“That’s not a real Commodore, what a POS!”… hmmm, how many times have we read those words written about the new ZB Commodore by both Holden loyalists and those that are just Holden haters and want to kick the company while its down?
I understand the Holden diehards’ apprehension. Because I’m one of them.
I have had 12 Holdens/HSVs and have also had eight Commodores as company cars. I’ve also had a Mercedes-Benz C Class, three Land Rover Discoveries, a Camry, an Epica (company car thank you very much, as if I would spend my own money on that) and a Daewoo Cielo (a truly awful car, I did buy that one though – nothing to see here move along). But I digress.
Here I was standing in my local Holden dealer waiting for my Clubsport to be serviced and was having a bit of a ‘discussion’ with the salesman regarding the new Commodore.
“It’s not a real one mate, I’ll be looking at an AMG Merc as my next car.”
Well, mortgages, school fees and general living meant the AMG is going to have to wait; I’ll take a C43 if anyone’s offering? No? Okay back to the new Commodore.
At the time I was driving a VY V8 Adventra AWD wagon as my daily driver, very practical, loved the security of AWD but the running costs and never-ending fuel bills meant it had to go. Plus, my mechanic was edging closer to retirement as the Adventra was starting to cost plenty in ongoing maintenance and repairs, he affectionately called it “the money pit”.
What to buy next? My garage has a CV8 Monaro, two 1983 VH SL/Es plus my VF Clubsport R8, all V8s and all rear-wheel drive. Notice any theme here? I told you I was a Holden diehard with a few indiscretions along the way.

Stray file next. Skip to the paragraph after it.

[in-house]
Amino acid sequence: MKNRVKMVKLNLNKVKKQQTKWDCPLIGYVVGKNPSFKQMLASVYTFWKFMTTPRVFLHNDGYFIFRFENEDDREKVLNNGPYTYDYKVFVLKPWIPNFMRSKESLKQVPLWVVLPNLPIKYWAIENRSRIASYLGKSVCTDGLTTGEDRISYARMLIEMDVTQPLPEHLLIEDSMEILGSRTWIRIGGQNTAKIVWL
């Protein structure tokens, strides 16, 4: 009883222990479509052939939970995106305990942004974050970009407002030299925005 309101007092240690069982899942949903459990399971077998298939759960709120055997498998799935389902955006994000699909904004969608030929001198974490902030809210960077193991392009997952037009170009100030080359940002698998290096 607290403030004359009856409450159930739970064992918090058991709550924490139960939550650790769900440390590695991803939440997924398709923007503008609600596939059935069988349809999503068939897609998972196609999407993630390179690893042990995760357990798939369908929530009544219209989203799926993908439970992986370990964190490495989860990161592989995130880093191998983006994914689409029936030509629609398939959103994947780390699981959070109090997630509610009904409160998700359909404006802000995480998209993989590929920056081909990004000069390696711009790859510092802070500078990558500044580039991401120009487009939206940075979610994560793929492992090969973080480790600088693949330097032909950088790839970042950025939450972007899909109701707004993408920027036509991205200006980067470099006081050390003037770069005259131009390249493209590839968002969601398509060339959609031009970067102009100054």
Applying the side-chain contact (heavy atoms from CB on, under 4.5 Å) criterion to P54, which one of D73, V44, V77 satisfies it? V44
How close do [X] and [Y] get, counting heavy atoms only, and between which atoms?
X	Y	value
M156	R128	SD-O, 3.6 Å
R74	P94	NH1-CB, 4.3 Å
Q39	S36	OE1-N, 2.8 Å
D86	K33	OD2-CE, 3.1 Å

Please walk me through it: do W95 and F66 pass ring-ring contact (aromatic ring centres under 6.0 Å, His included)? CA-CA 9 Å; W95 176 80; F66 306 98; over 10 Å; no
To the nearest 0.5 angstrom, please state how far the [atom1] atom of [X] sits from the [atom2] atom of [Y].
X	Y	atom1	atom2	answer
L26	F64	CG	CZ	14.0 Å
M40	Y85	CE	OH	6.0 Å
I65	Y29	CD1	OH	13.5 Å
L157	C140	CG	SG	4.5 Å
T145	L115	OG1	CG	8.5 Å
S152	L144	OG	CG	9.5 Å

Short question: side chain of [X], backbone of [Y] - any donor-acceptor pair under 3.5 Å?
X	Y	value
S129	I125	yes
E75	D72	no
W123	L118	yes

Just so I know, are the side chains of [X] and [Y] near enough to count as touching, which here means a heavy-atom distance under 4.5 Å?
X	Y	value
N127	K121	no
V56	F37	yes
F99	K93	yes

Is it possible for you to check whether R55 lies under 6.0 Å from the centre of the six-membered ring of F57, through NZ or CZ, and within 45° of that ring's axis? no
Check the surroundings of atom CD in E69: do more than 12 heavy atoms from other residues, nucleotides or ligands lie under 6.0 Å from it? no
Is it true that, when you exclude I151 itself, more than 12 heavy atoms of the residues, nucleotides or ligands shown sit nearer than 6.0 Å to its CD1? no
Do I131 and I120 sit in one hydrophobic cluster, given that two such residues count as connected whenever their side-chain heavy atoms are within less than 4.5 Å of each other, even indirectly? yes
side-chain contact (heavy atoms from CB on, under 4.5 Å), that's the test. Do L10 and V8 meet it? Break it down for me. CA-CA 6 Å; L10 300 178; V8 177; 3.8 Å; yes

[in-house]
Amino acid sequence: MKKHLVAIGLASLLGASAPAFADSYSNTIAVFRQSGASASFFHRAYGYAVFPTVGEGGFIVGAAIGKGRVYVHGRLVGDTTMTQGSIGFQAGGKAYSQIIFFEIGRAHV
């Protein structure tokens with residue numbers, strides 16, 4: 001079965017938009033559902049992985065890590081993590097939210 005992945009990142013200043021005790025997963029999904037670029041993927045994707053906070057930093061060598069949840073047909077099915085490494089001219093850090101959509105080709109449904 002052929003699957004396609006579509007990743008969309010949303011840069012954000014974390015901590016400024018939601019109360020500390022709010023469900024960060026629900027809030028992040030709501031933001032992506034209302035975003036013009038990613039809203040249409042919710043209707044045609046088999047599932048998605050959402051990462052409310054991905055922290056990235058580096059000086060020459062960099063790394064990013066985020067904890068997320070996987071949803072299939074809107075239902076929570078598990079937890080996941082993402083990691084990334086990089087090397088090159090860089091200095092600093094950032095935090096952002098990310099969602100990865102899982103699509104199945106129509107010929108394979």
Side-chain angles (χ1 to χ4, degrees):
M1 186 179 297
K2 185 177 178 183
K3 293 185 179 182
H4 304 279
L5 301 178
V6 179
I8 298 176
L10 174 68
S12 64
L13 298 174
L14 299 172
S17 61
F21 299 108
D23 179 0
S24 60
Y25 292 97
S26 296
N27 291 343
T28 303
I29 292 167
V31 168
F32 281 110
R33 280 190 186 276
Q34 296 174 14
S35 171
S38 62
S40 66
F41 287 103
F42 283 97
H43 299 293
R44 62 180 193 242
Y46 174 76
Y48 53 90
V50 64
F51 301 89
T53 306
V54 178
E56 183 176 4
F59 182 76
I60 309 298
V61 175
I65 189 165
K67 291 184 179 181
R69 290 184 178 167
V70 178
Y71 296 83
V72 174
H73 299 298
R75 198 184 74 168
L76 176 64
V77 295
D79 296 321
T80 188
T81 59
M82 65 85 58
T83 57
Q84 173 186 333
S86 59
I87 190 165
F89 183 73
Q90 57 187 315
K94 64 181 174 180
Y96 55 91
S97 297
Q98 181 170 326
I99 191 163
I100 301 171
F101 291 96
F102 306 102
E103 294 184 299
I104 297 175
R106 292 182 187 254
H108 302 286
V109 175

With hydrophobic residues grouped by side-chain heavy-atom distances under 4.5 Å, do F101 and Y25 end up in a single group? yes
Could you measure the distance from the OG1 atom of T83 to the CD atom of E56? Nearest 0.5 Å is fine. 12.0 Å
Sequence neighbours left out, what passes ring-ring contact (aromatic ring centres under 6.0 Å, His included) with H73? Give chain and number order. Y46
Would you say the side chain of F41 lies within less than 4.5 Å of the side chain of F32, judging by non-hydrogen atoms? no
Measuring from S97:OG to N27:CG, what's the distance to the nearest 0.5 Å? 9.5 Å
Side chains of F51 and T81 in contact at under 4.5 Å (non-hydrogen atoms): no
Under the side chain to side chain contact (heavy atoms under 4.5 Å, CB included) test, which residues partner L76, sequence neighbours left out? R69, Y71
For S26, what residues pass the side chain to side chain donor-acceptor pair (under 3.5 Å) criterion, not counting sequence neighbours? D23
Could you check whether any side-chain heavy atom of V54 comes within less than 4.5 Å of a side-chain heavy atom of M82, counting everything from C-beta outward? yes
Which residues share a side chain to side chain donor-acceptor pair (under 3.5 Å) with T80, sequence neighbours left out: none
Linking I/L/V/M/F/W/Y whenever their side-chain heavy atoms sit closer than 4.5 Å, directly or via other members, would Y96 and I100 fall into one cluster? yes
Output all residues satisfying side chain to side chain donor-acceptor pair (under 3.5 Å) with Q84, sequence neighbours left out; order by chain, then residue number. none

I looked at the new Camry and test drove a ZB VXR and well. I was hooked on the ZB, I was surprised how the car handled and performed, with the seven-year unlimited km warranty and roadside assist I thought I’d give it a go.
Unfortunately, I wanted a colour called Darkmoon Blue. ‘No mate, you can’t get it in a VXR’, so I bought a ZB Calais V instead. I shopped around and got a changeover price I was more than happy with and bought the car. I’m happy I got this dark blue colour. It looks awesome when the car is washed, until you breathe on it, touch it or drive the car. Then it’s a magnet for dust, birds and anything else – it’s cursed like a black car showing up everything.
I’ve had my ZB Calais V for seven months and have done 19,000km. Fuel economy has been okay, well it’s friggin’ awesome after trading in a 5.7-litre V8 AWD Adventra wagon.